Fraud Alerts

Latest update: 16 January 2024

Unexpected texts or phone calls

Fraudsters are calling customers pretending to be from Bank of Ireland. They say that your account has been compromised and ask you for your card details, online banking details and activation codes. Don’t share them. Bank of Ireland will never call you and ask for your full card details, full 365online PIN or one-time activation codes sent to you in a text.

Remember to Stop, Think, Check

  • Be wary of any unexpected texts or phone calls claiming to be from Bank of Ireland, especially if they say there is a problem with your bank accounts.
  • Never share your full card details, your full 365 online PIN or any one-time authorisation codes that we’ve sent to you by text with anyone.
  • Remember, Bank of Ireland will never ask you to download any software so that we can take control of your computer or phone, or so we can move your money to a “safe” account.

Bank of Ireland customers who think they gave away their banking details should call our 24/7 freephone line on 1800 946 764 immediately.

Other Fraud Alerts

  • Purchase and delivery scams

    Purchase and delivery scams

    Fake “buyers” are contacting sellers on well-known and legitimate second-hand/resale websites saying they want to buy an item listed for sale. The “buyer” says that they can get well known couriers to pick up the item for them. The seller then receives a message with a link to a website that asks them to confirm the “delivery” and to enter their bank/card details so they can “receive payment” for the item straight onto their card or directly into their bank account.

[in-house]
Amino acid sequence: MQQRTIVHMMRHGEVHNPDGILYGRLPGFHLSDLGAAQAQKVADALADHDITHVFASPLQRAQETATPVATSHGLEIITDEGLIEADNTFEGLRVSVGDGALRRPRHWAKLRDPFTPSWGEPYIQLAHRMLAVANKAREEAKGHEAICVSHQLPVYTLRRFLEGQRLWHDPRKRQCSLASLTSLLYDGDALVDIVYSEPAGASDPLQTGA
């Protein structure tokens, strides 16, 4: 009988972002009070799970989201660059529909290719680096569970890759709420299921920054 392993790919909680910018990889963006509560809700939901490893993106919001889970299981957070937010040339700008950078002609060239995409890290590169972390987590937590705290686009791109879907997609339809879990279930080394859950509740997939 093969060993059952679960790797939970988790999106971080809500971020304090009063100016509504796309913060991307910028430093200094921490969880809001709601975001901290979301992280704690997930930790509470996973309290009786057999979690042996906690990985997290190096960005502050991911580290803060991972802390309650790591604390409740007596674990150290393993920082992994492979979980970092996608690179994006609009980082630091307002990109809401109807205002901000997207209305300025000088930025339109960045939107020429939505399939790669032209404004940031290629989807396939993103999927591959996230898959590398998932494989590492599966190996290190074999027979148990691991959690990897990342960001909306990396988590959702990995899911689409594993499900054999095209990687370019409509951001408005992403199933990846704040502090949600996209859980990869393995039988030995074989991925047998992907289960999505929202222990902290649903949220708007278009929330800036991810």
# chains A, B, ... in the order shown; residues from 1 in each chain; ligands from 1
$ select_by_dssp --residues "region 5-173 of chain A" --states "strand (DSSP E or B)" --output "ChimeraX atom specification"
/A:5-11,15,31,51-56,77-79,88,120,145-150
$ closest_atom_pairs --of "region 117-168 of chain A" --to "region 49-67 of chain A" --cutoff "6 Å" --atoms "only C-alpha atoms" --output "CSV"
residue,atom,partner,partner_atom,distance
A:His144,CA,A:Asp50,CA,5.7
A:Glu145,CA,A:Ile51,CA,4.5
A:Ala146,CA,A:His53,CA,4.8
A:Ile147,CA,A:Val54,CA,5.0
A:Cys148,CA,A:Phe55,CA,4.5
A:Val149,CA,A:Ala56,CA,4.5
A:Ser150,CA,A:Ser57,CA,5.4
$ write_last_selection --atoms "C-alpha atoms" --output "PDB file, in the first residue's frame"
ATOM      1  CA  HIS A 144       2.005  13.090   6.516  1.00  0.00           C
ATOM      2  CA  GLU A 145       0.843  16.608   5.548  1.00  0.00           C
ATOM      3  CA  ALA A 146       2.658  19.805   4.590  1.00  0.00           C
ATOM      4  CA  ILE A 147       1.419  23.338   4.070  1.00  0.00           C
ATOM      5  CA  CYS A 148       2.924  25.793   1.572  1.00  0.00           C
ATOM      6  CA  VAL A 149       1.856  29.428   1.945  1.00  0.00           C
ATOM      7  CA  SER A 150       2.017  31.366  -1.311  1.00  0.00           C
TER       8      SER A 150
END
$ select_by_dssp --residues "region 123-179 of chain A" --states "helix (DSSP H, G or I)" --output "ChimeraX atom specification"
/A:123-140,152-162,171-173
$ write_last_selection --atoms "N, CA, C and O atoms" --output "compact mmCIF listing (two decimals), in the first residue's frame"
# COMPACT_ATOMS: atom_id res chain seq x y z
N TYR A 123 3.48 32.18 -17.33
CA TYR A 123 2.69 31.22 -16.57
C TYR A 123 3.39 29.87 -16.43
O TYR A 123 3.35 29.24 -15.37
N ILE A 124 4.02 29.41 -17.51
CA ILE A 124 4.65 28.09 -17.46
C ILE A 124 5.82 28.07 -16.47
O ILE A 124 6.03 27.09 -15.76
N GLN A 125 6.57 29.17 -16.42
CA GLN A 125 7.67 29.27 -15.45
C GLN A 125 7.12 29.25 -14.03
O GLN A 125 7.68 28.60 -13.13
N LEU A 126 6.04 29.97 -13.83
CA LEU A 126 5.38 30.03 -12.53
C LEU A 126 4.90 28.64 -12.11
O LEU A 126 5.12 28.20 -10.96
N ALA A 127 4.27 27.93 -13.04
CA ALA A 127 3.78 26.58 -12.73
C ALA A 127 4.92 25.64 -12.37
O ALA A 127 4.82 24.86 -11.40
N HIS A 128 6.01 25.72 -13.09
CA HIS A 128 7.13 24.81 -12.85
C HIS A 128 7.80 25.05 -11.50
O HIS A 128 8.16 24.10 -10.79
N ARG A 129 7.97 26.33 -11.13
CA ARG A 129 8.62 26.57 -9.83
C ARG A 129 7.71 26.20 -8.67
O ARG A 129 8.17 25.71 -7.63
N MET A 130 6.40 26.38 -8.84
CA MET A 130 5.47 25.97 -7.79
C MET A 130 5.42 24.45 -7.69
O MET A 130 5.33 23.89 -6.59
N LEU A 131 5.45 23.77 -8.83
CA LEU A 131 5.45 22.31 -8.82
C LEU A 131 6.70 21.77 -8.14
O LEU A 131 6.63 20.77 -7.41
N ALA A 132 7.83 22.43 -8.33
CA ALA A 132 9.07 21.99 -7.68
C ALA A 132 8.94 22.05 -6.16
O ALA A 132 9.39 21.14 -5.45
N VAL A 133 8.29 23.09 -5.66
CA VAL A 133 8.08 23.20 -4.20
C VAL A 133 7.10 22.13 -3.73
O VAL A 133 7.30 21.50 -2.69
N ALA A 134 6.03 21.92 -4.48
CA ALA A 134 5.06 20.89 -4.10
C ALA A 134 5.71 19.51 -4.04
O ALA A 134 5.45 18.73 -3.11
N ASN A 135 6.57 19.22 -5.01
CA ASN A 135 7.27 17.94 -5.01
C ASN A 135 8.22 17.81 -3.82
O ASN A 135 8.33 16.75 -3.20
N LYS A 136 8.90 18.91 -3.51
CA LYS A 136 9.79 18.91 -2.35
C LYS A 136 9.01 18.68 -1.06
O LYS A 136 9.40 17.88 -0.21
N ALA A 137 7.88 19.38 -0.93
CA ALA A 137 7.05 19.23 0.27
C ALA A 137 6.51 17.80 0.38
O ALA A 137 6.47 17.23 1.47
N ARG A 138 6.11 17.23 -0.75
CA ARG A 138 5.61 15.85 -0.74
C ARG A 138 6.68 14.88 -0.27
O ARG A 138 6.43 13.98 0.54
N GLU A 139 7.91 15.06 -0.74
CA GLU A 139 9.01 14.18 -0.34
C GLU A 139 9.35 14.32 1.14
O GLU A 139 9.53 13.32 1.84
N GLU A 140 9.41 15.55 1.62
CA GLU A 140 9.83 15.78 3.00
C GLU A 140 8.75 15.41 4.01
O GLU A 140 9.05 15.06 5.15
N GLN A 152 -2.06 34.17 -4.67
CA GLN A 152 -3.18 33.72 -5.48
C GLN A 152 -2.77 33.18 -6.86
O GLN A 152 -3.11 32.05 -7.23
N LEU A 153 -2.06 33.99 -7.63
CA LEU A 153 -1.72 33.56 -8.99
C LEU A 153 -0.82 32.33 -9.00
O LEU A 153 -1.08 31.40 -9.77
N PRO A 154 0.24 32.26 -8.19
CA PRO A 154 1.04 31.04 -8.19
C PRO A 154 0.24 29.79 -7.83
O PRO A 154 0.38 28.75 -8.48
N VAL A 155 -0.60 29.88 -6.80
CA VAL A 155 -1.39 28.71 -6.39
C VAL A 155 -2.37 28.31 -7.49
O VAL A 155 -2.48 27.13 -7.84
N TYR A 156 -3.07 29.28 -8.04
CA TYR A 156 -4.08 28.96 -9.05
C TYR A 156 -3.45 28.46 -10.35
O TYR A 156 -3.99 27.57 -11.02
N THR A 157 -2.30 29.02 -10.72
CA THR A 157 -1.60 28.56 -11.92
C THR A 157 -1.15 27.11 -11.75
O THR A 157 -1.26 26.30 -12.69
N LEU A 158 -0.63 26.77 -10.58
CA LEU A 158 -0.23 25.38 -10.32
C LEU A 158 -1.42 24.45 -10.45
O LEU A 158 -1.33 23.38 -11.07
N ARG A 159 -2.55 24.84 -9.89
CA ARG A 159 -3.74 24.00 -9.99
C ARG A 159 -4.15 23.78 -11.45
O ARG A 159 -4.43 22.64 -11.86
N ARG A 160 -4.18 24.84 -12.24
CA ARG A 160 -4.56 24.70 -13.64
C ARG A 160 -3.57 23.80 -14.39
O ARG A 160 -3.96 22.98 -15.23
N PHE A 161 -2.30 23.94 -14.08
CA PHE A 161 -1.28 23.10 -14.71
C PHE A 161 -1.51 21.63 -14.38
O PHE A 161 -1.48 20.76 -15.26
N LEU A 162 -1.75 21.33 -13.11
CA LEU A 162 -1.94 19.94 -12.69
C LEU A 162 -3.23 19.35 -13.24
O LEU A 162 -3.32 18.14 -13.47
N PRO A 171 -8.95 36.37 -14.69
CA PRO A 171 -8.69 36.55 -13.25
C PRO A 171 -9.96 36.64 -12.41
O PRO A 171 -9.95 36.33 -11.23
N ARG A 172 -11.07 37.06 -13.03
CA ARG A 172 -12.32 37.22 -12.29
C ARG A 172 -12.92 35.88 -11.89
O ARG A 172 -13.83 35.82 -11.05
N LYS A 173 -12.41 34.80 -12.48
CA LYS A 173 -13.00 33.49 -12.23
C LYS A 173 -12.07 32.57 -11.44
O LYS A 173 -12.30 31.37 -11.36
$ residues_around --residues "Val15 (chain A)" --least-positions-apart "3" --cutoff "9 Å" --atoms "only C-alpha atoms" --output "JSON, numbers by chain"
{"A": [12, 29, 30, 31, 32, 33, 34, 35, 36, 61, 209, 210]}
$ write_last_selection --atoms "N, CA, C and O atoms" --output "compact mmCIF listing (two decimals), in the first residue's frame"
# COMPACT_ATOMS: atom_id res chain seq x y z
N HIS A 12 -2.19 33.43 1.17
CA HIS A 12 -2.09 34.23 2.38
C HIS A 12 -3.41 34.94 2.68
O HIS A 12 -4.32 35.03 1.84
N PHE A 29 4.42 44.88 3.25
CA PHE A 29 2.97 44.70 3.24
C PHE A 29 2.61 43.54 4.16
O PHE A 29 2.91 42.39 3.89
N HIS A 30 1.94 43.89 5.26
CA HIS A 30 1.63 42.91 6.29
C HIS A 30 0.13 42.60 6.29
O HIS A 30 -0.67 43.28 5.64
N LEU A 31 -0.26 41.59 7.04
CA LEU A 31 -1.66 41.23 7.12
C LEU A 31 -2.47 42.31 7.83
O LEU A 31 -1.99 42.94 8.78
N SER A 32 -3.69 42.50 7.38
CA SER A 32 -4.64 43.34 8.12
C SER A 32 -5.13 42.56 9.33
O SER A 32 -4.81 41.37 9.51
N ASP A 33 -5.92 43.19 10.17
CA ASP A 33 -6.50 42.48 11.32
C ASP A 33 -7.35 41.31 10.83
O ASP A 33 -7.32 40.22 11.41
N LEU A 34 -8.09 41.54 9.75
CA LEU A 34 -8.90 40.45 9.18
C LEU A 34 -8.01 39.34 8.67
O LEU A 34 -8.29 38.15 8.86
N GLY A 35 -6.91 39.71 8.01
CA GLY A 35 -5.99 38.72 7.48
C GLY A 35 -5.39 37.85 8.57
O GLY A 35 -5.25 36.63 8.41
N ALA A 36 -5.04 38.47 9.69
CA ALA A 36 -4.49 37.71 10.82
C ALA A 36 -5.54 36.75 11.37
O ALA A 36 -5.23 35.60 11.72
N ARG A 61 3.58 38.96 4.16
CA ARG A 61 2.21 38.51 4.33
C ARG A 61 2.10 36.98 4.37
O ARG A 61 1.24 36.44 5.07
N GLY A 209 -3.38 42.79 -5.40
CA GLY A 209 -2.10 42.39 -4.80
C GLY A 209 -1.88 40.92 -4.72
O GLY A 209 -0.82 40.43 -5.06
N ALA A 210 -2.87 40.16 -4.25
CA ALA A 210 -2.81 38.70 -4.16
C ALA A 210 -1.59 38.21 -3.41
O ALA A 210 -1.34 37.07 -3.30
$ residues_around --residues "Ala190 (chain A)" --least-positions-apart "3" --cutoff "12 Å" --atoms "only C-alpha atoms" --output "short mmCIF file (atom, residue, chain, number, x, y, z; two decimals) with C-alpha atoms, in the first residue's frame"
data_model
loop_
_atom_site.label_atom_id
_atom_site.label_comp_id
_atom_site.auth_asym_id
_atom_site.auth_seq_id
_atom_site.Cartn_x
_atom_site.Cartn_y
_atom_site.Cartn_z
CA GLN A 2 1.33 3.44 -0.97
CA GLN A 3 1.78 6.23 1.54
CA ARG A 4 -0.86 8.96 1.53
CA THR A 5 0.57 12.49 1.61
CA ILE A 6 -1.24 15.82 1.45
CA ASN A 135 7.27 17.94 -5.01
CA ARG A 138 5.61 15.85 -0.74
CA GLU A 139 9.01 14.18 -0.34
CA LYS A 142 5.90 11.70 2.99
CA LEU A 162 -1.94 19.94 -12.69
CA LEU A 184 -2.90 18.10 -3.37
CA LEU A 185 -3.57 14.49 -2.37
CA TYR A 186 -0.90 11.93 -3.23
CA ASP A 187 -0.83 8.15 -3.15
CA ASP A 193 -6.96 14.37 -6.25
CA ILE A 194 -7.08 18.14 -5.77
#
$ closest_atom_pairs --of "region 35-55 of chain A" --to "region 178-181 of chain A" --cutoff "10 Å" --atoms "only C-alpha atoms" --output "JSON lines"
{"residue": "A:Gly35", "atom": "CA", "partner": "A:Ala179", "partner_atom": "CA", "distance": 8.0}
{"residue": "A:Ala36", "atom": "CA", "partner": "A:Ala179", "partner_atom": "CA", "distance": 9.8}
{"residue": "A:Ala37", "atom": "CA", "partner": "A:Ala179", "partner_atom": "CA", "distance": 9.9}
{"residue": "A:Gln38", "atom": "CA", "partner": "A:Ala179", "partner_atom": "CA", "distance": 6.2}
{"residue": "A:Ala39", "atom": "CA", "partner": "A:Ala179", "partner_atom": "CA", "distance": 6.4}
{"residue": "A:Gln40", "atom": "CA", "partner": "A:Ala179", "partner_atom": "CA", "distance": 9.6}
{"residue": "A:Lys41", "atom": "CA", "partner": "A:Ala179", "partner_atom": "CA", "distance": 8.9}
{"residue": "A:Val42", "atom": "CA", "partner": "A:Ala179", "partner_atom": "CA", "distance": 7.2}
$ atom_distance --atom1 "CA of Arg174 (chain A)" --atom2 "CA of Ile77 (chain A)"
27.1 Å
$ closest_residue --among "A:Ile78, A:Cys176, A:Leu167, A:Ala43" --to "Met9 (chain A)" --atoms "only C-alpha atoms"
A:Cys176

Stop, Think, Check.

    • Never share your full card details, your full 365 online PIN or any one-time authorisation codes that we’ve sent to you by text with anyone.
    • Swiping to approve a payment on your B365 app does not allow you to receive money, it sends the funds to the fraudster.
    • Remember that delivery companies, banks, utility providers and Government agencies will never send a text linking to a website that requests banking details.
  • 'Live Chat' remote access scam

    'Live Chat' remote access scam

    Fraudsters are currently calling business customers pretending to be from Bank of Ireland. What they’re trying to do is trick you into letting them access your device by pretending that you are connecting to a Live Chat service on a fake Bank of Ireland website.

    What happens?
    You may receive a phone call from someone claiming to be from Bank of Ireland.

    1. The caller asks you to log into your online banking as normal.
    2. The caller (fraudster) then asks you to go to another new website address, saying that this is: “for a live chat service” or “to verify the customer’s PC”, but in reality it allows the fraudster remote access to your PC. The fraudster can now see your screen and access all your files and programmes.
    3. The caller will set up payments on your online banking and ask you to read out the one-time codes from your BOI app to approve the payments.

    Remember to Stop, Think, Check

    1. If you get a call from someone who asks you to go to a website or to click on a link that they will send to you, just hang up.
    2. Never allow a caller to take remote access of your PC.
    3. If someone asks you for a one-time code from your online banking app, they are a fraudster. Never, ever share those codes with anyone, even if they say they are from Bank of Ireland.
    4. Be very careful when logging on to your online banking website. The safest thing is to type in the website address yourself or to log in through the main Bank of Ireland website at
  • Rental Accomodation Scams

    Rental accommodation scams

    Rental accommodation scams trick people into paying rent for property that doesn’t exist or is not actually available to rent. These scams happen throughout the year, for people booking holiday rentals abroad or at home, for students looking for college accommodation typically in September when college starts and people looking to rent properties to live.

    In some cases, fraudsters will say they’re out of the country and unable to meet you, but will ask for money upfront or request a deposit to hold the property. There are even cases where fraudsters have hired properties to use for viewings to trick renters into handing over a deposit. They may even provide fake keys.